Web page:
Why has lithium bromide a slight solubility in organic solvents?
Theoretical, LiBr is an ionic compounds, so it should be only soluble in polar solvent like water. But why is it soluble in others?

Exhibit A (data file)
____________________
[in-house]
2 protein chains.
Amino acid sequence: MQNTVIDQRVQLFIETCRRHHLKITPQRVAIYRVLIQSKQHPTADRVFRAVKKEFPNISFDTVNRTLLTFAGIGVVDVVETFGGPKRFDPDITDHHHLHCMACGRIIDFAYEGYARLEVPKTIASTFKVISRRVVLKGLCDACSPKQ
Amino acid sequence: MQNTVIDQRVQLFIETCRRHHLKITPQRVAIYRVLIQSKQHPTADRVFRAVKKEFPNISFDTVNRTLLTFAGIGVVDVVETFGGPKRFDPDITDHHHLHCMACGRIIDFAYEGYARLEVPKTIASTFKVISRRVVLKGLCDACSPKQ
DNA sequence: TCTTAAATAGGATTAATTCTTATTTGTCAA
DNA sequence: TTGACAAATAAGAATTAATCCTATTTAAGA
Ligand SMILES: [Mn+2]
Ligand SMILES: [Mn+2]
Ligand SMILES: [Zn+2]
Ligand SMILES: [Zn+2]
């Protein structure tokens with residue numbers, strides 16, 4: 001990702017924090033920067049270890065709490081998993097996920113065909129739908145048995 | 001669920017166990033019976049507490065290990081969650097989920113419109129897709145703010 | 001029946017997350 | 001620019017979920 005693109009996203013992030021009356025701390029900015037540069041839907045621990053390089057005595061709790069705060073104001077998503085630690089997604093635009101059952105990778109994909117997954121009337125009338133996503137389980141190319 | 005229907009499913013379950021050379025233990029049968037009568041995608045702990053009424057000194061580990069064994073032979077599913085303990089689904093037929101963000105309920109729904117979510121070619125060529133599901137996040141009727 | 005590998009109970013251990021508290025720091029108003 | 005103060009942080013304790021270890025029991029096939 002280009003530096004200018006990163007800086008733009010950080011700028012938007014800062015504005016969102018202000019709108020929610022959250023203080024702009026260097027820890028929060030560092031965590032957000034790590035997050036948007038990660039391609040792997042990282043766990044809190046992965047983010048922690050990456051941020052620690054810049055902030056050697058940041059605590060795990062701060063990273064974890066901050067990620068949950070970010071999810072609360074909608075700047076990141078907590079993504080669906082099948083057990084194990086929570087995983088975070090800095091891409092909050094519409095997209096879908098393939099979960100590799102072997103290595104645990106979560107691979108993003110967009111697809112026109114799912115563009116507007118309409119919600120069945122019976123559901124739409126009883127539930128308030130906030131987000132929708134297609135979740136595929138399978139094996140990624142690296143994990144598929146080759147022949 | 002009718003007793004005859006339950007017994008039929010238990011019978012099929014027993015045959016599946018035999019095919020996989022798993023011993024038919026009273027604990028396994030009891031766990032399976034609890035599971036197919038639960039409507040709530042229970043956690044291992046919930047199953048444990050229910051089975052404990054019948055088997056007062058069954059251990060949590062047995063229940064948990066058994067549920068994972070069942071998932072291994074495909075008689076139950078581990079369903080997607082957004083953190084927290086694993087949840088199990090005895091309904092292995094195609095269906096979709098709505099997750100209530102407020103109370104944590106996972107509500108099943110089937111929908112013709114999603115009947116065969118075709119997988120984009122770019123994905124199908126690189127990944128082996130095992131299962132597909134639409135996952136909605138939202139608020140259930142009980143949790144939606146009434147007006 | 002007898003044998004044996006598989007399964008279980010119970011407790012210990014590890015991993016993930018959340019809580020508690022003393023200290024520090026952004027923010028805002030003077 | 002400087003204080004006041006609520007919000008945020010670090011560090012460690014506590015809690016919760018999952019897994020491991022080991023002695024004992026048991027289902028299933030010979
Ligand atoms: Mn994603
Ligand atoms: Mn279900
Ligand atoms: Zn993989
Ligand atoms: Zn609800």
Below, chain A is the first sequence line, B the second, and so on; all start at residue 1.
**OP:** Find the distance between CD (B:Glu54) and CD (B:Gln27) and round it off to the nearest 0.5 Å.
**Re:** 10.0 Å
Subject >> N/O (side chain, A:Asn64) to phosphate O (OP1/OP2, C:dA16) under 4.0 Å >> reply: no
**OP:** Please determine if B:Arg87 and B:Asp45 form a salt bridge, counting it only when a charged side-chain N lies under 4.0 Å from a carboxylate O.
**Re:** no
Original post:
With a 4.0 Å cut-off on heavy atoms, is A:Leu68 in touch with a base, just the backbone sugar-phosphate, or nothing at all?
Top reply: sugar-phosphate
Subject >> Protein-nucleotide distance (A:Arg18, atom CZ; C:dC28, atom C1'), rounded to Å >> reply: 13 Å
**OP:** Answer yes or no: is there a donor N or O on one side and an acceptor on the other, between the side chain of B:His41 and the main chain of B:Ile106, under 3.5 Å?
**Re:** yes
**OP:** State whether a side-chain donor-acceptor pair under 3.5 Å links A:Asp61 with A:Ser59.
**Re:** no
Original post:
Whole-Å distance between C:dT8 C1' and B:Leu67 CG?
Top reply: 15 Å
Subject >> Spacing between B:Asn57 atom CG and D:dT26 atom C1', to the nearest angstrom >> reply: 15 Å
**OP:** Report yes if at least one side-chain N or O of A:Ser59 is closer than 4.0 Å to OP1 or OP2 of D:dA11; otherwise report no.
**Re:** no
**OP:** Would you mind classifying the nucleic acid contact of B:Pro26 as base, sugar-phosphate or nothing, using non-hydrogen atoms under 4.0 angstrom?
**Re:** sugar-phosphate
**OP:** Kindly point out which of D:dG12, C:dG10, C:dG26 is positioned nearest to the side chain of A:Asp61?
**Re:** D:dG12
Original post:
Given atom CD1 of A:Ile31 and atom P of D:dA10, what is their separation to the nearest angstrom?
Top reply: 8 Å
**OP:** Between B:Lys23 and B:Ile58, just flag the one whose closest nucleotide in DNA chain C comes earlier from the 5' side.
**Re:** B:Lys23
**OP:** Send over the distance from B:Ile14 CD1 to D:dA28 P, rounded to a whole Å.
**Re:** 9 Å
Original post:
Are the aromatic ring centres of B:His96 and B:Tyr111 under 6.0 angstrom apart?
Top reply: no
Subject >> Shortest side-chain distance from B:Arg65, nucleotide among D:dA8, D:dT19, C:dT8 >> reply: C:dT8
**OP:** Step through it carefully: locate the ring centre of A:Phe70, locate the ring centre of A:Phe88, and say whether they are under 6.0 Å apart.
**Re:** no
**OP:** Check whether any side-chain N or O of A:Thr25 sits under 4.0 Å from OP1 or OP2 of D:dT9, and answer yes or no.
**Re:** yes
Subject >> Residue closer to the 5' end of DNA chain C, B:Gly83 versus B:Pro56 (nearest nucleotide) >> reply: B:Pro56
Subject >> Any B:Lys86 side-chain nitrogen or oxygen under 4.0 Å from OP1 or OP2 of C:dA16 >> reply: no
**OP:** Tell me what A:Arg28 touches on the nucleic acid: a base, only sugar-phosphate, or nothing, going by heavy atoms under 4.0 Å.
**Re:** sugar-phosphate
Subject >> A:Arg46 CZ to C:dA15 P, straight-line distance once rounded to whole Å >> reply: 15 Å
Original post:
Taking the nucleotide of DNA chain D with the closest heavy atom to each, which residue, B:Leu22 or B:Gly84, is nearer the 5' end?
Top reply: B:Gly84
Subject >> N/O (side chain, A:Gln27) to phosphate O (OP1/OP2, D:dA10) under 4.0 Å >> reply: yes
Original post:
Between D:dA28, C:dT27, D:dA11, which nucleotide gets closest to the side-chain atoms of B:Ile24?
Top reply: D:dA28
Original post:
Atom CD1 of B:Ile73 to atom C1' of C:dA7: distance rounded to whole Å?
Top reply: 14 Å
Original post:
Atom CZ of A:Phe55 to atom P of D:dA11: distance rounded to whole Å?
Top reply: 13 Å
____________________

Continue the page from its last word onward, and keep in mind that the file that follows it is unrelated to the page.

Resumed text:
Lithium bromide is a salt of small cation and large anion. They cannot interact effectively, so the crystal lattice is quite easy to break. On the other hand, lithium cation is small, so it can interact effectively with small negatively charged atoms, like oxygen. Indeed, lithium cation has highest hydration energy of all alkaly metal cations. Altogether, it means, that in solvents with oxygen atoms (alcohol, esters, acetone) lithium cation effectively bounds to solvent molecules, leaving crystall lattice, and bromide has to follow, resulting in some solubility of lithium bromide in solvents with negatively charged oxigen and to lesser extent, nitrogen (for example pyridine). Lithium bromide is still insoluble in organic solvents that cannot interact with lithium cation, like benzene.